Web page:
Pioneer BDP-LX54 3D Blu-ray player (preview)
This 3D Blu-ray player can be controlled by an iPhone, and has a scratchproof design
- Looks awesome, full suite of 3D playback gizmos, it's armoured!
- It's $100 more expensive than the BDP-430 - for what?
The Pioneer BDP-LX54 is part of Pioneer's luxury range, and it looks the part. It's pricier than the BDP-430, but if styling and flashy lights are your thing the BDP-LX54 is a definite pleaser.
Price$ 599.00 (AUD)
The newly-announced Pioneer BDP-LX54 joins the Pioneer BDP-430 in Panasonic's 3D Blu-ray line-up. The company doesn't have any other 3D products — after 2009's ups and downs, it doesn't even have any plasma TVs. The BDP-LX54 is the top model, and it's almost identical to the cheaper BDP-430. So what's the extra $100 for?
To be honest, a lot of the price is probably made up with Pioneer's LX tax. The luxury line of products are styled similarly with high quality materials, so you can match your home theatre components to each other. Pioneer says the BDP-LX54 has an 'armoured chassis', so you might even be able to take it through a war zone. The rest of your Nellie Melba goes to pay for gold-plated terminals and a funky blue backlight.
Like the BDP-430, the Pioneer BDP-LX54 can be controlled via an iPhone through Pioneer's iControlAV app. This is a cool feature that iPhone junkies will love, and competitors like Samsung, Sony, Panasonic and LG are sorely lacking.
We'll get our hands on the BDP-LX54 soon and give it a full run-through.
Struggling for Christmas presents this year? Check out our Christmas Gift Guide for some top tech suggestions and more.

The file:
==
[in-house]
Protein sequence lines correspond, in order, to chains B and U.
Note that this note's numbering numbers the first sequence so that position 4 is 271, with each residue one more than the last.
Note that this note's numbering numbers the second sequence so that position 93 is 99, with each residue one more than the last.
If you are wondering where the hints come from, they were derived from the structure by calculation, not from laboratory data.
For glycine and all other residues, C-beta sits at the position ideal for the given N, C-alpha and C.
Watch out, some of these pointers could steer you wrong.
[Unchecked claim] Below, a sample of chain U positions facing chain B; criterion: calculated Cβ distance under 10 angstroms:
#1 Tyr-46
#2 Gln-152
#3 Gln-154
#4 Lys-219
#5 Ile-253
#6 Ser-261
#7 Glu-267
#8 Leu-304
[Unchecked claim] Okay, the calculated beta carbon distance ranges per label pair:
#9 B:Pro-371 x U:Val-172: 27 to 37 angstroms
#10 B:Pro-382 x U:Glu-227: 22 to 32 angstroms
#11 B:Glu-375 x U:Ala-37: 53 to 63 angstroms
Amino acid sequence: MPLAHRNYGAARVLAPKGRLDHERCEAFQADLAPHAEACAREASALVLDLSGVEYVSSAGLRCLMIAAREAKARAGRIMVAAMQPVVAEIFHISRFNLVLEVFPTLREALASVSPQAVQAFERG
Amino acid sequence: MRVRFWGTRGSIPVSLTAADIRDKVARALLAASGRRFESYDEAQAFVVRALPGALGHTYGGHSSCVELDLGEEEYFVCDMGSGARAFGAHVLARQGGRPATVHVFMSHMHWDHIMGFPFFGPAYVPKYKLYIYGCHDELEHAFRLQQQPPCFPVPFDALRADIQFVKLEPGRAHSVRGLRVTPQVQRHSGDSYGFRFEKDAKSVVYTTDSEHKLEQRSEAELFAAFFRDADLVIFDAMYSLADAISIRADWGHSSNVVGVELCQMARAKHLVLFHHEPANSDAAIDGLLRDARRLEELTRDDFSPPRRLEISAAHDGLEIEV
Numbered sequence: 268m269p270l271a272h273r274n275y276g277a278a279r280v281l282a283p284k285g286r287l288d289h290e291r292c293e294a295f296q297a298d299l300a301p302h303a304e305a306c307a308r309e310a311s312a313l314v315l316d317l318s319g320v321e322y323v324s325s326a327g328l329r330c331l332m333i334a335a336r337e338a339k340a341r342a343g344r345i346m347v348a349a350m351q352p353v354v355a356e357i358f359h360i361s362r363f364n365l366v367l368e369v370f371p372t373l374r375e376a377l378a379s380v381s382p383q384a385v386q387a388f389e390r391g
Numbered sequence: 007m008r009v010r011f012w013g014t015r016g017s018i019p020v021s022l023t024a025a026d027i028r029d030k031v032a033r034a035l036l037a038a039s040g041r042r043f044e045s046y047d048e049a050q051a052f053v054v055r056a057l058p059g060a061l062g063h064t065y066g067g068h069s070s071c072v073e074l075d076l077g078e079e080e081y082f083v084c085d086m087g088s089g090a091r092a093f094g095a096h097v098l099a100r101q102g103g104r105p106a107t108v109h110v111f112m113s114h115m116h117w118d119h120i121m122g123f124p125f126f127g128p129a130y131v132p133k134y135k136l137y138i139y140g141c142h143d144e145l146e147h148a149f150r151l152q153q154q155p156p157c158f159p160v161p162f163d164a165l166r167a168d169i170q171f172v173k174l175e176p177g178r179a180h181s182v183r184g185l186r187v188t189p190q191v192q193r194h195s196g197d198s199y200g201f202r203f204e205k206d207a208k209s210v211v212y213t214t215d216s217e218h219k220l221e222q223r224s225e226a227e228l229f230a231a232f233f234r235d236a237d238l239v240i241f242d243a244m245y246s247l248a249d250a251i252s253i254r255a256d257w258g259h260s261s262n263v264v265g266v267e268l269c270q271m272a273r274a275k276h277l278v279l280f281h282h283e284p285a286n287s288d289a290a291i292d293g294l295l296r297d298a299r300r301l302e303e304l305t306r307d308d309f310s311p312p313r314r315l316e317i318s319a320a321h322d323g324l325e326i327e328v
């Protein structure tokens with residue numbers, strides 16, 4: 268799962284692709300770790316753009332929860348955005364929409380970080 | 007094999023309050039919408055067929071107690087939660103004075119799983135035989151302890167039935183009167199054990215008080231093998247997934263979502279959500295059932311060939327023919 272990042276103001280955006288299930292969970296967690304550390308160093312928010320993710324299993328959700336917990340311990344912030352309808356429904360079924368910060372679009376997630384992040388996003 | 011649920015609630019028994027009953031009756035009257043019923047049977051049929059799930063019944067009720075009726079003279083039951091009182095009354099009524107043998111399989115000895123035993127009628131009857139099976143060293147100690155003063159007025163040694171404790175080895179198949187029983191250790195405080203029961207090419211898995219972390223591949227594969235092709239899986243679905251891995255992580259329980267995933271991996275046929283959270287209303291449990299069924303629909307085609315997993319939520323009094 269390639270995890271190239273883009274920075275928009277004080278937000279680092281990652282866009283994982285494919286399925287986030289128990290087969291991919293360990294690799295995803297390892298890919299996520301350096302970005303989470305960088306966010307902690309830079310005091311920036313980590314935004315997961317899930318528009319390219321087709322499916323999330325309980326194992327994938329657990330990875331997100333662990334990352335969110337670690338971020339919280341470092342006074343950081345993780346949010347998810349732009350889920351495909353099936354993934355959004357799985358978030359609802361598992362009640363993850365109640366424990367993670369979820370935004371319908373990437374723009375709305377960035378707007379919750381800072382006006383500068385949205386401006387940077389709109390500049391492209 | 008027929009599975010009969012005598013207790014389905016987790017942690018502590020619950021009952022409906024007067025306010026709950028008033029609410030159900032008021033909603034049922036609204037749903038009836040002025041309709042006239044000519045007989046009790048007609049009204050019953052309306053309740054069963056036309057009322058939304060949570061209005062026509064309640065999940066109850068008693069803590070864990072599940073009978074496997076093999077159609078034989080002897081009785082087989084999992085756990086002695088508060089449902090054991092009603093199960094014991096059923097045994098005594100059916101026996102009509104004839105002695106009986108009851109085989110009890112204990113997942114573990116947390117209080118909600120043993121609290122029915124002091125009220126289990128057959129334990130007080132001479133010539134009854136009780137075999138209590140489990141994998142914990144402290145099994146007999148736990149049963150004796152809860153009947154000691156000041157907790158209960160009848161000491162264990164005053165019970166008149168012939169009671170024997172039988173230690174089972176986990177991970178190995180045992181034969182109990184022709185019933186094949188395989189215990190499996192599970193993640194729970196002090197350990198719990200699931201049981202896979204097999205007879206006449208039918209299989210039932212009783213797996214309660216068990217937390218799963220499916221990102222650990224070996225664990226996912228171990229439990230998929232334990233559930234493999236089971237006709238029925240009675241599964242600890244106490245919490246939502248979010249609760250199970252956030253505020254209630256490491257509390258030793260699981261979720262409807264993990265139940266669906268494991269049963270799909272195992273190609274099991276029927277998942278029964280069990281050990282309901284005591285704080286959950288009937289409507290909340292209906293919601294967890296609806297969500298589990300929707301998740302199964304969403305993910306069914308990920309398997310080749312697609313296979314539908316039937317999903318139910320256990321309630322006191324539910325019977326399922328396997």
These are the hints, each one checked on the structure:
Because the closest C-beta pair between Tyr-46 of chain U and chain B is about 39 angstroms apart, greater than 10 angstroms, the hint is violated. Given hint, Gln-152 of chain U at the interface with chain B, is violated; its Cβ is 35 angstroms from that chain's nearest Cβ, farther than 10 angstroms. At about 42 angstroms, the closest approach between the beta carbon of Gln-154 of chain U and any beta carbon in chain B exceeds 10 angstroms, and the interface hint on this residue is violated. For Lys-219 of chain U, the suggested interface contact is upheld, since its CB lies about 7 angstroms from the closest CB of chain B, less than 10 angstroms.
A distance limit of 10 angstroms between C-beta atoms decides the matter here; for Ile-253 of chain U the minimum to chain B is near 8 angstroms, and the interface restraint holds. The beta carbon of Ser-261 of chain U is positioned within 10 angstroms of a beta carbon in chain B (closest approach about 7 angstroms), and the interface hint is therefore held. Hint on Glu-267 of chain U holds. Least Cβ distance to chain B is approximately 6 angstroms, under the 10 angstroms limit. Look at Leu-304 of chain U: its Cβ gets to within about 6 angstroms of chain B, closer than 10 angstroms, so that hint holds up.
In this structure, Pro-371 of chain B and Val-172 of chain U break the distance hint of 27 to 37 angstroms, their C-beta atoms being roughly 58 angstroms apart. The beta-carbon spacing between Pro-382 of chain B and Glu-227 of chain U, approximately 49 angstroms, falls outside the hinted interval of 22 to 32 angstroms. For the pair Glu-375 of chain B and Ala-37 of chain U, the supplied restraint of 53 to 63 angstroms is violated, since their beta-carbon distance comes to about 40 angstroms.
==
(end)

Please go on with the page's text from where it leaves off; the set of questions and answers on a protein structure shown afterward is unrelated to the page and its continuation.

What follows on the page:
Join the Good Gear Guide newsletter!
Most Popular Reviews
- 1 Sony Xperia Z3 review: The no-frills flagship
- 2 Samsung's Galaxy Alpha review: A peek into the Galaxy S6
- 3 Samsung Galaxy Note 4 review: The busiest, biggest and best Samsung phablet
- 4 Aldi's $279 Bauhn Sphere review: Disappointing
- 5 Nokia Lumia 735 review: Perfectly ordinary
Best Deals on GoodGearGuide
Latest News Articles
- Holden Commodore SS review
- New undersea cable to link Australia and New Zealand
- Sony cancels 'The Interview' release after threats following cyberattack
- Forensic software gets around iCloud security features
- Human error root cause of November Microsoft Azure outage
GGG Evaluation Team
First impression on unpacking the Q702 test unit was the solid feel and clean, minimalist styling.
For work use, Microsoft Word and Excel programs pre-installed on the device are adequate for preparing short documents.
The Fujitsu LifeBook UH574 allowed for great mobility without being obnoxiously heavy or clunky. Its twelve hours of battery life did not disappoint.
The screen was particularly good. It is bright and visible from most angles, however heat is an issue, particularly around the Windows button on the front, and on the back where the battery housing is located.
My first impression after unboxing the Q702 is that it is a nice looking unit. Styling is somewhat minimalist but very effective. The tablet part, once detached, has a nice weight, and no buttons or switches are located in awkward or intrusive positions.